US nuclear power companies argue they will lose business to rivals from other countries, including Russia and China, if Congress decides against reauthorization of the Export-Import Bank.
Established by President Franklin D Roosevelt in 1934 Ex-Im Bank is the USA's official export credit agency. Its mission is to assist in financing the export of US goods and services to international markets.
"This is not a partisan issue. This is an American competitiveness issue," Westinghouse president and CEO Danny Roderick said. "From the energy industry perspective, Ex-Im is an absolute necessity in order to compete globally against state-funded and state-subsidized companies," Roderick said.
Roderick spoke at a meeting organised by the National Association of Manufacturers, in Pittsburgh on 25 July, to highlight the adverse effect on US firms of all sizes if Congress allows the bank's charter – and thus its financing powers - to expire on 30 September.
Roderick reiterated comments he made at the World Nuclear Association's Annual Symposium held in London last September, that Westinghouse had a long history of assisting its customers in securing financing from export credit agencies, including Ex-Im Bank. He criticised the build-own-operate model Russian Rosatom is marketing in its foreign business as being anti-competitive.
Ex-Im Bank supported Westinghouse's bid for the Temelin extension project in the Czech Republic. The US company competed for that contract against French Areva and a Czech-Russian consortium between Škoda JS, AtomStroyExport and OKB Gidropress. In April, Czech utility CEZ cancelled the procurement process.
Holtec International is seeking assistance from Ex-Im Bank "for a critical project" in Ukraine to design and build a central used fuel storage facility, the company's senior vice president, Pierre Paul Oneid, said at the same meeting. Without this facility, Ukraine would remain dependent on Russia to keep its nuclear reactors running, Oneid said. Ex-Im is a "valuable instrument" of US foreign policy of which the situation in Ukraine "is a textbook example," he said.
But House Financial Services Committee chairman Jeb Hensarling wrote to President Barack Obama last week to argue that the current crisis in Ukraine illustrates the need to shut down the bank.
"While your Administration announces sanctions on Russian companies on the one hand, on the other it offers sweetheart deals to Russian companies through Ex-Im," Hensarling wrote, citing loans to two state-owned Russian banks.
The government is seeking a five-year reauthorization and a gradual increase in the bank's lending cap, to $160 billion from the $140 billion limit set by the its latest reauthorization, in 2012.
Other opponents of Ex-Im Bank cite recent allegations of corruption at the bank in their criticism of its function, accusing it of crony capitalism and corporate welfare.
Political commentators say a decision on the future of Ex-Im Bank will remain unclear until September, since US lawmakers start a five-week recess on 1 August. But Darrell Issa, chairman of the House Oversight and Government Reform Committee, has said publicly that Ex-Im Bank may be granted a short-term extension to its charter on condition that changes are made to its operations – namely, in terms of its transparency and accountability.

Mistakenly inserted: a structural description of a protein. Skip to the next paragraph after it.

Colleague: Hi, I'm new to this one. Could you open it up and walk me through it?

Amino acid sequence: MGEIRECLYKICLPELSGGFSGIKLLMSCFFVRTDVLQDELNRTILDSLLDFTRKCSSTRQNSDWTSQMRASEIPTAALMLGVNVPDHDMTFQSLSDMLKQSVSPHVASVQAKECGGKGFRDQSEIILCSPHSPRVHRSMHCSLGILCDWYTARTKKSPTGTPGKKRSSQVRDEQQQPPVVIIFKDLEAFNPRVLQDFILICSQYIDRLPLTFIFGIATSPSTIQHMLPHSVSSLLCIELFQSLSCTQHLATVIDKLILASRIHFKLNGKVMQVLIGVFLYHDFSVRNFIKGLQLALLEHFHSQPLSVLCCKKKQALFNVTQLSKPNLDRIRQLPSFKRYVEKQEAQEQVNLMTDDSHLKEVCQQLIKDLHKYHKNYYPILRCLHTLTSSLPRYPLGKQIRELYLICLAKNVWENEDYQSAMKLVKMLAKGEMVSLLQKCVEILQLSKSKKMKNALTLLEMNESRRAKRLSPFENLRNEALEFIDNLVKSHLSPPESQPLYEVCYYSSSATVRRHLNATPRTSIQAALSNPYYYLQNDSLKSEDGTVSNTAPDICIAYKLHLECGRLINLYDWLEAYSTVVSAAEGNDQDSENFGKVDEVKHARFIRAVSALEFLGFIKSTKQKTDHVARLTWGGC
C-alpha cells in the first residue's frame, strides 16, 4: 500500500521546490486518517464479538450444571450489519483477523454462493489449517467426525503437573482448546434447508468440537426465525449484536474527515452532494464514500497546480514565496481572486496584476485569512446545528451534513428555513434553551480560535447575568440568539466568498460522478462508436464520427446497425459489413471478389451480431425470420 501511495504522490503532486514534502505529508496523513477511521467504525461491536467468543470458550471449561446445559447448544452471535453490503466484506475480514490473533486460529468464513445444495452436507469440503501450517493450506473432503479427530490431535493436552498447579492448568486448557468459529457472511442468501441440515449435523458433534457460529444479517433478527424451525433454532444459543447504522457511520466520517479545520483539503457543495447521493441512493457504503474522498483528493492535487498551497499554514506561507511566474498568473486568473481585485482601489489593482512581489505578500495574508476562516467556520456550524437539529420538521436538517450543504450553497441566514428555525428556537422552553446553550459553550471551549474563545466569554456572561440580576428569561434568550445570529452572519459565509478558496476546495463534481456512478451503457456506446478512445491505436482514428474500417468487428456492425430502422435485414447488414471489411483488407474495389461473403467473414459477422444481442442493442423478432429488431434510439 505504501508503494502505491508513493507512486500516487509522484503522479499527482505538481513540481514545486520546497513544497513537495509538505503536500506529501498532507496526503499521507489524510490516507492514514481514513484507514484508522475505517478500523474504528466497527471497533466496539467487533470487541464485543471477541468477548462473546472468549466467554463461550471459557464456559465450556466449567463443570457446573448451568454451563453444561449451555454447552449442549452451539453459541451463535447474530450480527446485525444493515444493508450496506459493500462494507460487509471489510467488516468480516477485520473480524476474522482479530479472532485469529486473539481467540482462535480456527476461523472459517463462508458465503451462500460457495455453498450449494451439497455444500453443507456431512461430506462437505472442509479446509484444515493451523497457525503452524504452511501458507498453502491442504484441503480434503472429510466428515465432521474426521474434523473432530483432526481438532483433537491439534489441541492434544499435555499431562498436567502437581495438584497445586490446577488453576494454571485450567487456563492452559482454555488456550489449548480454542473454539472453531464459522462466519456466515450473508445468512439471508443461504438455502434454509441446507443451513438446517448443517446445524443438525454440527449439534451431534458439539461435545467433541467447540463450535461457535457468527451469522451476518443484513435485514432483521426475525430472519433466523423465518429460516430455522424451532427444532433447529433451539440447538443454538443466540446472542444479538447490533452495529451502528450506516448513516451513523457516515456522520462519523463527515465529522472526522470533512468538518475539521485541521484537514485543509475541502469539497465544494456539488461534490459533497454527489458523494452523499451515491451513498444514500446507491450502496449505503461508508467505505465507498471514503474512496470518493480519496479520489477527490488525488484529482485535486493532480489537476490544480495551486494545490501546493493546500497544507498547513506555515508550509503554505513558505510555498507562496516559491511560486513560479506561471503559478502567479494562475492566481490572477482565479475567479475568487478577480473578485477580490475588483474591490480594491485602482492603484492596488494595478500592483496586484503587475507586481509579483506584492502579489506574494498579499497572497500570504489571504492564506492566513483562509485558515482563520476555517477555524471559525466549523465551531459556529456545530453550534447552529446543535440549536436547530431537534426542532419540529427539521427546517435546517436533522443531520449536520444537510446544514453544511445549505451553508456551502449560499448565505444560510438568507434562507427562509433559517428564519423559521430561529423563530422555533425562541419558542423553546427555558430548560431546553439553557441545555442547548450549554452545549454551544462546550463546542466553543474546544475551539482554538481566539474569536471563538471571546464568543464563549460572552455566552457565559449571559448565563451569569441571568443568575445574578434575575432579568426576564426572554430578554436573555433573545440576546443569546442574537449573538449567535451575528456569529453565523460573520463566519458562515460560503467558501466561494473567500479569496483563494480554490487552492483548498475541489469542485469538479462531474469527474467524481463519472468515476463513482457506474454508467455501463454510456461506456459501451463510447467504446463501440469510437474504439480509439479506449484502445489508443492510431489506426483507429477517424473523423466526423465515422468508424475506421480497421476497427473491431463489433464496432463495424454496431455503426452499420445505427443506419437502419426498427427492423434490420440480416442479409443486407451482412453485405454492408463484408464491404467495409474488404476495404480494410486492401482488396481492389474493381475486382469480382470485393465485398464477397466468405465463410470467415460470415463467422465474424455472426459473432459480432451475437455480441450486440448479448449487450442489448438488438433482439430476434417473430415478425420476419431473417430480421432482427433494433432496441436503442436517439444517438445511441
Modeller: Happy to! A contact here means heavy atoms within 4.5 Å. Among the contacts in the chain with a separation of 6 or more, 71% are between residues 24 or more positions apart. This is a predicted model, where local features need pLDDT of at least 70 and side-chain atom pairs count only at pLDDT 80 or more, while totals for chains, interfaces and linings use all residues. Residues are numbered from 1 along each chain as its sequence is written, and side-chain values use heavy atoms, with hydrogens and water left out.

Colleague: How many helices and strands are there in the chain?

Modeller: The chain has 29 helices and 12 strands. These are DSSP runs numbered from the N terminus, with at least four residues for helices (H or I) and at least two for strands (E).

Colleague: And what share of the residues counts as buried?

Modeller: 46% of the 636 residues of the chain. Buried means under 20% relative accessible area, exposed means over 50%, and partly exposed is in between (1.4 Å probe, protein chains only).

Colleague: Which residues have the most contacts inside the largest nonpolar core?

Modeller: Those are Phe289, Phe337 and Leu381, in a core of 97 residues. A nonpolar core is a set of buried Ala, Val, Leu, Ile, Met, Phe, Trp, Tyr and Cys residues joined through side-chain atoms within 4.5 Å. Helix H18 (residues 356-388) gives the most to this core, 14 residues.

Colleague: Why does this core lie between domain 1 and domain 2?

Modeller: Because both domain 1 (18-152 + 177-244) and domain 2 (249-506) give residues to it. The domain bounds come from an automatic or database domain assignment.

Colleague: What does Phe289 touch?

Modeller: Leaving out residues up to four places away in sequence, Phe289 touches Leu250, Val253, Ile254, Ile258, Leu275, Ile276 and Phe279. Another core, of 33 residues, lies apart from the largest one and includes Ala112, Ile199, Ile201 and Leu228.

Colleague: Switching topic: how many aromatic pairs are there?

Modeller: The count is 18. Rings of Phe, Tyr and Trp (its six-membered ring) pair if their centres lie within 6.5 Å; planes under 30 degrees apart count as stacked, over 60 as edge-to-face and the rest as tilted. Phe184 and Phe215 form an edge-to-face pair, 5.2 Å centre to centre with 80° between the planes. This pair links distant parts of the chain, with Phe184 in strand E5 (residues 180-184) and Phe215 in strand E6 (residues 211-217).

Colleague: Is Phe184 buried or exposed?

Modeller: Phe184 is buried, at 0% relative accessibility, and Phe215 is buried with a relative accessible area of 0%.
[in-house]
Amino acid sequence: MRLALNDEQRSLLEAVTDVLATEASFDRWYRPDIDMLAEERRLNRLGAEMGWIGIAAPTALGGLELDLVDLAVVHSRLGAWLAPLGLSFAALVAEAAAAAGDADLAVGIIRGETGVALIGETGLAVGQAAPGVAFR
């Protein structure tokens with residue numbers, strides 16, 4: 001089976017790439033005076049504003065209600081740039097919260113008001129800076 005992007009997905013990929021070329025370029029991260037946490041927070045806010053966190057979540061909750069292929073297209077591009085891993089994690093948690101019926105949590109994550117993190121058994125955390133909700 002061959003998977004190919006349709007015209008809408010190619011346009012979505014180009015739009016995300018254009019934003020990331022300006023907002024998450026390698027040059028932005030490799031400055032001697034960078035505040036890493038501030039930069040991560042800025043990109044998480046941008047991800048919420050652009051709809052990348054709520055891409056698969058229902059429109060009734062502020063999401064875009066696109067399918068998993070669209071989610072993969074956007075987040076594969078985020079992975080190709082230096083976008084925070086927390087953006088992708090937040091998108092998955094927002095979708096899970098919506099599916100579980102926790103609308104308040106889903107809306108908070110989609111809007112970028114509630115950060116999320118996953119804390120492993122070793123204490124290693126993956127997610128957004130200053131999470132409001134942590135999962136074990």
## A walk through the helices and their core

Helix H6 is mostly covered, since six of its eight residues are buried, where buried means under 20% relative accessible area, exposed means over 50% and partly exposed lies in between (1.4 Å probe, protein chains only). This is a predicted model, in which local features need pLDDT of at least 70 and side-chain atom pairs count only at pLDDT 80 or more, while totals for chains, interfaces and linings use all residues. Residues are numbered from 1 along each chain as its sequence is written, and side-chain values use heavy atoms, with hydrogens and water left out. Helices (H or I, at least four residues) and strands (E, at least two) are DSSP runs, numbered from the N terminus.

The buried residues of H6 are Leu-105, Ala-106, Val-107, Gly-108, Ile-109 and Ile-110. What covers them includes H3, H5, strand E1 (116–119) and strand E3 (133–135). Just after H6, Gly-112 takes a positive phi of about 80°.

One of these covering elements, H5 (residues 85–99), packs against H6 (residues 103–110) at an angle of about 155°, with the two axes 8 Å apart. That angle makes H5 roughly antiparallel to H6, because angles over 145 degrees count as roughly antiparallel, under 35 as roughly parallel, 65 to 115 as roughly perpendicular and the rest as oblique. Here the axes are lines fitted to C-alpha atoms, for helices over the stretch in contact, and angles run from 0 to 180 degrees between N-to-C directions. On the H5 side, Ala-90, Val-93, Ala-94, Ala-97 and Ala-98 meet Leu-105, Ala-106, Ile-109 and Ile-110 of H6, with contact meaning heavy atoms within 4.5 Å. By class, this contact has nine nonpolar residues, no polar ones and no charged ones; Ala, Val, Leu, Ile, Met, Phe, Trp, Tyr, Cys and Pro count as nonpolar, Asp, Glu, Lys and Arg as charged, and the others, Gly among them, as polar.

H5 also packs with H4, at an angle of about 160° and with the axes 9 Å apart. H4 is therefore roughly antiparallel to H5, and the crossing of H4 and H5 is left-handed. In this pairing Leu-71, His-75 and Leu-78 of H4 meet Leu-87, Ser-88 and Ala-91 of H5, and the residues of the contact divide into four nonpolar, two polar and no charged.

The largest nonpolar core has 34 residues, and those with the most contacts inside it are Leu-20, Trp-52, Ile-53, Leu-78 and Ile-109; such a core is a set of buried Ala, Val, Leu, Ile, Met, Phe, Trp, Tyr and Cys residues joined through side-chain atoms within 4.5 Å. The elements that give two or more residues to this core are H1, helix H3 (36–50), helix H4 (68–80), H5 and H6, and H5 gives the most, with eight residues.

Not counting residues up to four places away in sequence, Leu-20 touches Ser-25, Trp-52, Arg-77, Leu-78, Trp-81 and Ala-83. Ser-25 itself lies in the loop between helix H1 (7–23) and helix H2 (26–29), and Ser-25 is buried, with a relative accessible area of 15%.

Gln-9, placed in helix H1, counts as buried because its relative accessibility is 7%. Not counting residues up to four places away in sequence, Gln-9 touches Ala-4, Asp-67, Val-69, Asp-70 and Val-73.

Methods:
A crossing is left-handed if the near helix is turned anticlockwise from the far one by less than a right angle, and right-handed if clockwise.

The availability of export credit agency support is "almost always a bidding requirement" for nuclear power plant tenders, the Nuclear Energy Institute (NEI) said.
"Allowing Ex-Im Bank to expire would be tantamount to unilateral trade disarmament, conceding billions of dollars in orders to other supplier nations that maintain their own export credit agencies," NEI said in a statement.
NEI president and CEO Marv Fertel told a congressional hearing on 25 June that, when a US supplier wins a major nuclear power plant tender, "it establishes relationships that can endure for decades through the supply of fuel, equipment and services."
NEI has sought to debunk myths about Ex-Im Bank, such as that it is a risk to taxpayers. The bank transfers about $1 billion each year to the US Treasury’s general fund, its portfolio is diversified across a wide range of industry sectors, and its default rate is currently extremely low, NEI said.
Russia has rapidly expanded its share of the international nuclear energy market, "in large part due to aggressive export finance," NEI said. "Without Ex-Im Bank to maintain a level playing field against Russian finance, the United States will cede many transactions – and influence – to Russia," it said.
Hungary recently cited below-market interest rates for its award in January of a $13.5 billion contract for two new nuclear plants in its Paks upgrade project to Rosatom.
Not only Russia, but other leading nuclear energy supplier nations - such as France, Japan and South Korea - have provided their national nuclear energy suppliers with multiple forms of support, NEI said, including strong trade finance.
The NEI was one of 16 US trade associations to sign a letter to the US Senate dated 19 March that said delaying Ex-Im Bank reauthorization "would hurt US manufacturers of every size and sector."
According to the Organization for Economic Cooperation and Development, 60 official export credit agencies worldwide have extended more than $1 trillion in trade finance in recent years. Ex-Im Bank provided less than 4% of the global total of trade finance in 2012.
Researched and written
by World Nuclear News